Usha Kishore

Born and brought up in Thiruvananthapuram, Kerala, Usha Kishore now lives on the Isle of Man, UK. Usha was educated at the University of Kerala (India), Sheffield Hallam University (UK) and Canterbury Christ Church University College (UK).   After having taught for some time in the British Secondary and Tertiary Sector, Usha now teaches English at a Secondary School on the Isle of Man . Usha’s poetry has been published in magazines and anthologies in the US, UK, Ireland, Europe, New Zealand, India and online. Some of her poems have been translated into German, Spanish and Gujurati. She also writes critical articles for international magazines.  Her poetry has won prizes in UK competitions and has been part of national and international projects. Her short story “Dowry” was shortlisted for a major UK literary award, the Asham Award (UK) in 2005.  Usha also translates from Sanskrit; her translations of Sankara have been published in India, the UK and USA.   She is now translating Kalidasa’s Ritusamhara, in conjunction with Dr.Rati Saxena of Shree Shankaracharya Sanskrit University, Kalady, Kerala.





For The Dynasty Of the Moon
(after reading Kylie Rose)

For the dynasty of the Moon,
A hundred thousand lives lost
in verse…

Metres of battle scanned into
Krishna’s eternal song –
A stoic sage chronicles the

end of his own dynasty –
a patient elephant God scribes
into eternity…

In the Vela kali of yesteryear’s
setting sun, I hear the battle cry of
the lone sun-warrior, who challenges

the house of the moon.
Panchavadya notes echo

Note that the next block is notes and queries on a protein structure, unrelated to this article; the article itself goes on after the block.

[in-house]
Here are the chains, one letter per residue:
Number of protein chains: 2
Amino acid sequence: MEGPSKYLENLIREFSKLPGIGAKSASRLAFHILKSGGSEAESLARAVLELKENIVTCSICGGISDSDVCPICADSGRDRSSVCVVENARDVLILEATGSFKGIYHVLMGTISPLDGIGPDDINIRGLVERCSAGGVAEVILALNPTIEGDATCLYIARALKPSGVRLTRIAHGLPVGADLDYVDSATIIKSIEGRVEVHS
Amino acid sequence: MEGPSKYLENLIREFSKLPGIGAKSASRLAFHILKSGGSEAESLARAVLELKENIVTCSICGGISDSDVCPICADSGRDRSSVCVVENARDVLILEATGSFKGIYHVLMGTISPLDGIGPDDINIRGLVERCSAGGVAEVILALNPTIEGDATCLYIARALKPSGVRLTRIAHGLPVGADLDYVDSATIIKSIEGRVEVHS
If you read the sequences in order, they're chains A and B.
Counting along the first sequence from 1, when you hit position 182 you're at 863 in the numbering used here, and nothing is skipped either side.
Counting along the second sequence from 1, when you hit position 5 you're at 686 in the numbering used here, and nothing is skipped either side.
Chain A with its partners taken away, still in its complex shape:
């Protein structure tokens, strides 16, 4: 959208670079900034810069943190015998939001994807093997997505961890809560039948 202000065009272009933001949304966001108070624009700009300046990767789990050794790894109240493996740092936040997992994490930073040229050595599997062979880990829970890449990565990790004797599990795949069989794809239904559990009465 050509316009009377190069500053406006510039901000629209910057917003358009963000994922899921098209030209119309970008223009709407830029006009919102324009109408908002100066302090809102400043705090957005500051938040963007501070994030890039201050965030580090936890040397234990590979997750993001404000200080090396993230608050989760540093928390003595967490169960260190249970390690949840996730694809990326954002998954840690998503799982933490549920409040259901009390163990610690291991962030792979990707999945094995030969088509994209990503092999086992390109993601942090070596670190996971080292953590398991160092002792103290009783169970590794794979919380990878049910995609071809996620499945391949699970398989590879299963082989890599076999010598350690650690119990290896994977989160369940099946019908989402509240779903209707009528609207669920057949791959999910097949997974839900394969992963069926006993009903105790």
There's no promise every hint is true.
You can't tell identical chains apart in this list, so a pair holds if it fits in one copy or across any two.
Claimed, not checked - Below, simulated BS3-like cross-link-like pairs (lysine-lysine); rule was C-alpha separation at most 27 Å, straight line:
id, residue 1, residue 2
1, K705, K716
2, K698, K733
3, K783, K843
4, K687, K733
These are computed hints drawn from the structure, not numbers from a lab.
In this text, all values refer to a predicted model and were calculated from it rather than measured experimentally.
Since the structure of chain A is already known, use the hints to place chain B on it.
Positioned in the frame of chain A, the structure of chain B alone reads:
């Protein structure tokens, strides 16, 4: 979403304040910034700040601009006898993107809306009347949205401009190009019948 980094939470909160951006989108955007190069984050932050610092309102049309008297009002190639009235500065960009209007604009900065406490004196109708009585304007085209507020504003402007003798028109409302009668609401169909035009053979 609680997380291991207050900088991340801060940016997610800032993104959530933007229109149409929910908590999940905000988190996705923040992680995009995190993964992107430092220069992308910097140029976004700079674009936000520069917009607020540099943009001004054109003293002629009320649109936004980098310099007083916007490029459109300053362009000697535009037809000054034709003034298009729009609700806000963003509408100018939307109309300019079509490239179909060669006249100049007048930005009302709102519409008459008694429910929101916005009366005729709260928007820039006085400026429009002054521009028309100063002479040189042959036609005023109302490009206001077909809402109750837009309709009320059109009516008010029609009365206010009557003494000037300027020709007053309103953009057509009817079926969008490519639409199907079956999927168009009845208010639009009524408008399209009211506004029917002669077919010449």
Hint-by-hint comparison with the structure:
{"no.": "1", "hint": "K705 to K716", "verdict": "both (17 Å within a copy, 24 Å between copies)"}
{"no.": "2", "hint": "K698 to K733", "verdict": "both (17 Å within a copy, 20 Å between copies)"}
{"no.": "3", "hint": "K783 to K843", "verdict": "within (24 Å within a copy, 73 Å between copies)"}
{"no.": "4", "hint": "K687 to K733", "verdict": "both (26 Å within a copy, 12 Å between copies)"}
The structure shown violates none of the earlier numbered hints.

into twilight memory –

The raga hindola, mourning the death
of the lone young warrior killed
by deceit. Arjuna takes a terrible

vow and Krishna smiles in the
bugles of Panchajanya, while a
lone monkey mediates on the flagstaff…

From the carvings on the temple wall,
she, with unravelled hair, calls out to my
soul from stone – screaming revenge for

the disrobing of womanhood….


Krishna’s eternal song – The Hindu “Gita”
Vela kali – Temple art (dance) form
Panchavadya – five instruments played together
Hindola – a raga in Carnatic music
Panchajanya – the conch of Krishna (The poem is based on the Hindu epic Mahabharatha)


Nikhat’s Mother

She stands out in a crowd –
Her shocking pink
dupatta carrying
songs from the Gilgit –

She is without
a language here –
I am her interpreter –
translating her
language, her culture
her colour–

She does not understand
why Nikhat has to attend
school daily – Nikhat is at
her sister-in law’s cousin’s
wedding in Bradford–
Today is Mehendi, tomorrow
is the Nikah  and Nikhat will
not be in school for a week –

She does not understand
why Nikhat is harassed
by school bobbies –
Bibi jaan, taleem lena,
dena hamara mamla hai –
Ye gore kyun dakl dete

Biting back half-an hour’s
exasperated laughter,
I interpret to the irate
Head of School:
Nikhat’s mother  does not
understand the concept
of compulsory education…


Mehendi – The henna festival before marriage     
dupatta – veil/scarf    
Nikah –  Muslim Wedding ceremony                                        
The Urdu dialogue can be translated as:  Madam, education is our personal business, why are the whites interfering?                              
Gilgit – a city in Northern Pakistan and is the gateway to the Karakoram ranges of the Himalayas.